· Cinderford - A planning permission achieved in March 2012 by a developer in Cinderford, Gloucestershire for an Asda store development was challenged by Competitor B. This was the third time Competitor B had taken the local authority to the High Court to try to challenge the entry of a competitor in to the town where they have a store. Despite the site being in the Forest of Dean, Competitor  B has again lodged the challenge in the London Court. This challenge was thrown out in November 2012. The Judge held it was filed too late, and had no prospect of success; but it had already delayed development (and the creation of 150-200 jobs) by eight months, and put the developer to the expense of making a duplicate application in case the challenge had been allowed to proceed. Despite the Judge ruling that there was no prospect of success, the objector applied for an oral hearing of their application for permission. This caused still further delay. The case finally reached the High Court in July 2013 - sixteen months after the original decision. The application was re-submitted to the Council to reconsider. We finally received planning permission in October 2013 as the committee considered there are sound planning grounds to approve the application - nineteen months after the original decision. This new permission is now being challenged by Competitor B.


In our Barriers to Growth in the Planning System Paper (published November 2012 and revised in December 2013) we put forward the following proposals, many of which are now proposed in the Criminal Justice and Courts Bill, to ensure that Judicial Reviews are not used to delay otherwise sound planning applications, while protecting access to justice:

· Raise the bar for applicants beyond an ‘arguable case’ - Judicial Review applications have only to demonstrate an ‘arguable case’ in order to be granted permission to proceed. This allows vexatious cases - often with little hope of success or based on minor technical issues - to proceed. This incurs costs and delays for the applicant. The bar should be raised to consider whether the case is likely to succeed and if it is in the public interest for the case to proceed.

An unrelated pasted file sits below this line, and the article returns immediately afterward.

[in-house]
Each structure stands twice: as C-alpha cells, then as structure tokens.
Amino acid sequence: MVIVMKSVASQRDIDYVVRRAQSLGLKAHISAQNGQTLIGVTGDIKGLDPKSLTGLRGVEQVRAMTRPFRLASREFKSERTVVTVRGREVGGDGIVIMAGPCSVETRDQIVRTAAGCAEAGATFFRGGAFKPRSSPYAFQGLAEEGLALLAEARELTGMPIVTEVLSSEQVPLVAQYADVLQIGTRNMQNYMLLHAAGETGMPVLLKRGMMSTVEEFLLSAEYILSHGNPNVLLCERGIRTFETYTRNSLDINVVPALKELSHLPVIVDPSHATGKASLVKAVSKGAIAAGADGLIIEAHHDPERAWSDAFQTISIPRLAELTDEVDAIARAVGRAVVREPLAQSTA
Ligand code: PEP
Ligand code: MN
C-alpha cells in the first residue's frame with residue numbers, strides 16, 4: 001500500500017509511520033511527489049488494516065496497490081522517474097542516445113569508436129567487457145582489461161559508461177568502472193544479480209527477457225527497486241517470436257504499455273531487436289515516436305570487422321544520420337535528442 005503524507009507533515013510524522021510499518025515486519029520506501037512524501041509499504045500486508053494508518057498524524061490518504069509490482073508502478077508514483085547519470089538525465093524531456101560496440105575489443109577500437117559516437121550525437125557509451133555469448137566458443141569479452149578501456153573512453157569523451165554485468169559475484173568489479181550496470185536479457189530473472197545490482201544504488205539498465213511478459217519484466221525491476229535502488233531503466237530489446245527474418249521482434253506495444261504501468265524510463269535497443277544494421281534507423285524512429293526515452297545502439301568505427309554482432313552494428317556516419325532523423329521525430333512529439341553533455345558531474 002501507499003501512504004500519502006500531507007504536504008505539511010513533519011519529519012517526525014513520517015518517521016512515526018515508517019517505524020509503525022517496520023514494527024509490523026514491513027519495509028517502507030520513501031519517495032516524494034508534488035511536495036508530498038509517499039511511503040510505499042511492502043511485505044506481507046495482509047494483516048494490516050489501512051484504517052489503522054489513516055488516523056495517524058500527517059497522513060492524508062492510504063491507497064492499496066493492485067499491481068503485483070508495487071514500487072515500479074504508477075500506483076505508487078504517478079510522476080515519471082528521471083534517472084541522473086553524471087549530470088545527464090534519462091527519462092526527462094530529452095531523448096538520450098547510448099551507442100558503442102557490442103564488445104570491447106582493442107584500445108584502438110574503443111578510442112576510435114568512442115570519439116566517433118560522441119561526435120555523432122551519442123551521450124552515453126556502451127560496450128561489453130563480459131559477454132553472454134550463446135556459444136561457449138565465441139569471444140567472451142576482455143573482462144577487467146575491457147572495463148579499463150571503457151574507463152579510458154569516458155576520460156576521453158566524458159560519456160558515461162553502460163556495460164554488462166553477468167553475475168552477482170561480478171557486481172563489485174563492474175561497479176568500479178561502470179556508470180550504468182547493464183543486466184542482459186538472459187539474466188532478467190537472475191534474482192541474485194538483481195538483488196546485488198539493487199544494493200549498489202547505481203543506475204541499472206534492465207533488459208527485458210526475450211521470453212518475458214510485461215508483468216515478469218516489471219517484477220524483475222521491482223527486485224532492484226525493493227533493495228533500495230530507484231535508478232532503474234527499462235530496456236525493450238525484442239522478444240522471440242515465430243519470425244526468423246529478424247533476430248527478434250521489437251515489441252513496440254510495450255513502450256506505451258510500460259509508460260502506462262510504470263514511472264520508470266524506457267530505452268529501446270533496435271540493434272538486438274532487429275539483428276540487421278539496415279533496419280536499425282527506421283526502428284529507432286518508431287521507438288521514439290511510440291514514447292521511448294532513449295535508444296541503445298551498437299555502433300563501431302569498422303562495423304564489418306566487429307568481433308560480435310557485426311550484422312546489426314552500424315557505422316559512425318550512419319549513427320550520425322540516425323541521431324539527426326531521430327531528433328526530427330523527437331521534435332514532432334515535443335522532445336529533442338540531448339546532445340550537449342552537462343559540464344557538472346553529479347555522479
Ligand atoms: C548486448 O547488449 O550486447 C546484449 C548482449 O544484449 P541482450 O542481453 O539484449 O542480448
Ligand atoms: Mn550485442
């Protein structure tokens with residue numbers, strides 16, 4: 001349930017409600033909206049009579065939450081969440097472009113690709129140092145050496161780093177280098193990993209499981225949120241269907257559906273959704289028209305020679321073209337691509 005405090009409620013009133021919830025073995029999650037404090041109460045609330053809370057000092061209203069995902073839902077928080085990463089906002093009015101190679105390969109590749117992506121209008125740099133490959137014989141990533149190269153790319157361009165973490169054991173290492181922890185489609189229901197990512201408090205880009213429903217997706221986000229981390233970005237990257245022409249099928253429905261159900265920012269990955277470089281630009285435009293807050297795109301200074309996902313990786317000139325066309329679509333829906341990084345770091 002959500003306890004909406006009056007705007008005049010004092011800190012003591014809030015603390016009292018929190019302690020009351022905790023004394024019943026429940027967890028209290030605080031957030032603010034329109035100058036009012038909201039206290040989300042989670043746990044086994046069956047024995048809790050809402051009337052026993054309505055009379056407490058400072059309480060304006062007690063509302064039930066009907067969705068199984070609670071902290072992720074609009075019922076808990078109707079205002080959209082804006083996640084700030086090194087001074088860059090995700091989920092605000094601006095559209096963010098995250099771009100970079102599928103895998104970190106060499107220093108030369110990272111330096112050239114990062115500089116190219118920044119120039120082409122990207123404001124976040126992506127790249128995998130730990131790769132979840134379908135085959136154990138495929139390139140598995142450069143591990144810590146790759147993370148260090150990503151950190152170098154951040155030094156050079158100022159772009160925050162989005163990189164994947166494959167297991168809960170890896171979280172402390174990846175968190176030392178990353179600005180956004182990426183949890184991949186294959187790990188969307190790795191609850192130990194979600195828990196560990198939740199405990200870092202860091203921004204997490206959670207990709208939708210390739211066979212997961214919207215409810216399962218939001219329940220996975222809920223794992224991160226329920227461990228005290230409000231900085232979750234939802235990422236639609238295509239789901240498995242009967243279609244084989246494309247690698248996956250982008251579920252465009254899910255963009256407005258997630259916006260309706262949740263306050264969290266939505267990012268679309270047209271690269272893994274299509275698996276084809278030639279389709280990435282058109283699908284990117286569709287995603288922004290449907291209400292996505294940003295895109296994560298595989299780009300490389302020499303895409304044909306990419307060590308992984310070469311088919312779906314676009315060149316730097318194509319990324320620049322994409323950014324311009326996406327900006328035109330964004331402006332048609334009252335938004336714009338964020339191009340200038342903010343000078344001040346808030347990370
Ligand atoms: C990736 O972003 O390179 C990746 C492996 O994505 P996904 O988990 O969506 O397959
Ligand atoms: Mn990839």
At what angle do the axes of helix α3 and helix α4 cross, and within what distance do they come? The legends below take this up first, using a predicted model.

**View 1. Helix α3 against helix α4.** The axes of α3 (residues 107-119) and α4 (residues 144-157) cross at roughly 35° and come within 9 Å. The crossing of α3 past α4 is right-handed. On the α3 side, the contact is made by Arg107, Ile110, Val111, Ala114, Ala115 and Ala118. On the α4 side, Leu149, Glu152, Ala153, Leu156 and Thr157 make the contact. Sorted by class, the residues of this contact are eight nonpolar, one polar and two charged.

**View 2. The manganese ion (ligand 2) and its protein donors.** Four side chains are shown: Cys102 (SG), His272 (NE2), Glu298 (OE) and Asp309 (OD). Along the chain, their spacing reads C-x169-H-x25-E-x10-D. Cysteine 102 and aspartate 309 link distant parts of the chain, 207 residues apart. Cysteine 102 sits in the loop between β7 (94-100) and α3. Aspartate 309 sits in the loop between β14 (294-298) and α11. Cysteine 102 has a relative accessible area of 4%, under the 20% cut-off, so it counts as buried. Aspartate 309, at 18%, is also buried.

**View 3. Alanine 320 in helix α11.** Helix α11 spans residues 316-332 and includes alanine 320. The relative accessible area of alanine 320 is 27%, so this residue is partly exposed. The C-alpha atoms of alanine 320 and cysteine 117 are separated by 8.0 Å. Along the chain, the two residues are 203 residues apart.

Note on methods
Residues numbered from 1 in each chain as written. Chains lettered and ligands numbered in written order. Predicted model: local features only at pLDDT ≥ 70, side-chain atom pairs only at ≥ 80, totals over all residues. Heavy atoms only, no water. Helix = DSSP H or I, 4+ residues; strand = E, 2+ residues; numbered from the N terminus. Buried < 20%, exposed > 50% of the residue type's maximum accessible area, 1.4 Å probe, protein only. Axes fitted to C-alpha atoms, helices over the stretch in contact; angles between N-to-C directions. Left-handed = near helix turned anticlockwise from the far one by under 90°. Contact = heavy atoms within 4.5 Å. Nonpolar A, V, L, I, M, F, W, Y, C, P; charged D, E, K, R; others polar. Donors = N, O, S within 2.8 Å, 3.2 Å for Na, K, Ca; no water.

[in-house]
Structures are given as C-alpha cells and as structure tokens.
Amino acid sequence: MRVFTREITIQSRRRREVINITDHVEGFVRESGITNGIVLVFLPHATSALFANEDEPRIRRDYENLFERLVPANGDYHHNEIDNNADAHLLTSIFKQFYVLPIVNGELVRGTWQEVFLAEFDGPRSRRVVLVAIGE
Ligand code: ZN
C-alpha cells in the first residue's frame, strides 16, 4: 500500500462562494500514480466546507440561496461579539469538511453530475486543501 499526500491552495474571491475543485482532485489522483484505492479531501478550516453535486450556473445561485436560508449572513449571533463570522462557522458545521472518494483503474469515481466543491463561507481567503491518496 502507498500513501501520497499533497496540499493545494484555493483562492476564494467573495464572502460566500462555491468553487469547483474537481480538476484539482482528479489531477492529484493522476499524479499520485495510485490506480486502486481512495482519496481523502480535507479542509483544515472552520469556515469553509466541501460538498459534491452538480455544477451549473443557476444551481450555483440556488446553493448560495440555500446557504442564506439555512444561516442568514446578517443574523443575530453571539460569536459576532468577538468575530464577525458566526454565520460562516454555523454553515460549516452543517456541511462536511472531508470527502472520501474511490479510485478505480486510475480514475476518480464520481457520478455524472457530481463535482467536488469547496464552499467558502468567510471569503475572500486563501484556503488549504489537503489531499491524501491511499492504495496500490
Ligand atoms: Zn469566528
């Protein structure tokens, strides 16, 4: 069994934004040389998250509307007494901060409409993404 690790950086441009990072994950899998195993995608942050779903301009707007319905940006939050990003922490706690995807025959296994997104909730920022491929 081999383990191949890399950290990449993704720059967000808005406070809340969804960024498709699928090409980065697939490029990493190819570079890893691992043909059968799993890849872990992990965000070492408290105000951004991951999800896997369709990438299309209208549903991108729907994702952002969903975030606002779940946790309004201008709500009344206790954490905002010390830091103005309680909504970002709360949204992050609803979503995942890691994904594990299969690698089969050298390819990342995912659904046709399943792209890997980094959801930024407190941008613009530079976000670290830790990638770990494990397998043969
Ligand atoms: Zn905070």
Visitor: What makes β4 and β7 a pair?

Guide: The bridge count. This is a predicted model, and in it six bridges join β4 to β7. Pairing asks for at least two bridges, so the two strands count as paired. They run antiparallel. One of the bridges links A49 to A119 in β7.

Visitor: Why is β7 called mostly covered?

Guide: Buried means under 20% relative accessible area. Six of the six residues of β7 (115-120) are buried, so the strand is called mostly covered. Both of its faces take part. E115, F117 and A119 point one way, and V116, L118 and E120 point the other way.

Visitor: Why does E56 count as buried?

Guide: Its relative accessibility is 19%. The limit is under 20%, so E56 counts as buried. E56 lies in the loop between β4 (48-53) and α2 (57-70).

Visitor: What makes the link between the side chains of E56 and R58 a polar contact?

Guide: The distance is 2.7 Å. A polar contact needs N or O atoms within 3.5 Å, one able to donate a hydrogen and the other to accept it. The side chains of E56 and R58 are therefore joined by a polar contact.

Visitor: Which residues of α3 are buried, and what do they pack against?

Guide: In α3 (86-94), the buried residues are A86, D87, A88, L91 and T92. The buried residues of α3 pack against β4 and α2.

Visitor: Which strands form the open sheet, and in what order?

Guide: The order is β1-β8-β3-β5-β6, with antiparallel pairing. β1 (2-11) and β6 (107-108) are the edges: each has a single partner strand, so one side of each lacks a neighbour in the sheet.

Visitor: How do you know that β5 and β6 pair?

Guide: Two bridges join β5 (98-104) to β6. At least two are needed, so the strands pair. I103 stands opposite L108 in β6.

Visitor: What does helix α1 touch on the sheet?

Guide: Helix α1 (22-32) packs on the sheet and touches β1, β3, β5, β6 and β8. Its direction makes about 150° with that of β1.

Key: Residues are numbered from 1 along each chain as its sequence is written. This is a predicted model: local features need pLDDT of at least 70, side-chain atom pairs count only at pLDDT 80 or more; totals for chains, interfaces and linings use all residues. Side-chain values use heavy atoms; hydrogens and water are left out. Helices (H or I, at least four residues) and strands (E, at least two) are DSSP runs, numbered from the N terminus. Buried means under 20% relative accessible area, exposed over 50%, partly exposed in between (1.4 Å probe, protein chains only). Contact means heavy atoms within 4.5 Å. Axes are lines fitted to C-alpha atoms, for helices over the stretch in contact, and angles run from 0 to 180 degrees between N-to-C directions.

· Establish a specialist ‘planning chamber’ – We support the introduction of a chamber of specialist QCs to speed up decisions for Judicial Reviews filed in relation to planning applications. This could deliver several benefits: it would speed up the process considerably; free up judges to focus on other cases; deliver a substantial saving to the public purse by enabling many cases to be resolved and dismissed quickly at the permission stage, without the need for full trials; and once it was known that the Permissions would be decided quickly, much of the incentive to delay competitors with vexatious challenges would be lost, reducing the number of cases overall.

· Introduce a ‘no difference’ argument - The Government has also announced proposals to change how courts deal with ‘minor procedural defects’, ensuring that mistakes that have no bearing on the planning decision itself cannot form the grounds of Judicial Reviews. We would welcome the introduction of the 'no difference' argument being considered at the permission stage, enabling courts to reject Judicial Review applications where the alleged defect would have made no difference to the final decision made.

· Enable judges to award damages - The current costs regime for permission applications is much lower than the costs of hearing cases, as incurred by defendants and local councils. Under the current regime commercial objectors can lodge vexatious or speculative Judicial Review challenges to competitor’s permissions in the knowledge that they will only be required to pay a relatively small contribution towards the Defendant’s legal costs (usually between £1,000 - £3,000 plus VAT) if they are unsuccessful. This behaviour could be discouraged if courts were given powers to award up to the full economic costs incurred by the challenge to the Defendant and Interested Party. We propose that the full costs would only be awarded where a Judicial Review was subsequently found to be entirely without merit, ensuring that legitimate challenges are undeterred and access to justice is maintained. The commercial incentives for delaying or preventing a competitor entering a local market are substantial. Therefore, the Judicial Review process risks becoming a cost effective mechanism for businesses seeking to protect their current market position, regardless of the merits of the challenge being put forward. If objectors faced the full costs of their actions most would be discouraged from lodging vexatious claims; reducing the cost to the public purse.

March 2014

Prepared 13th March 2014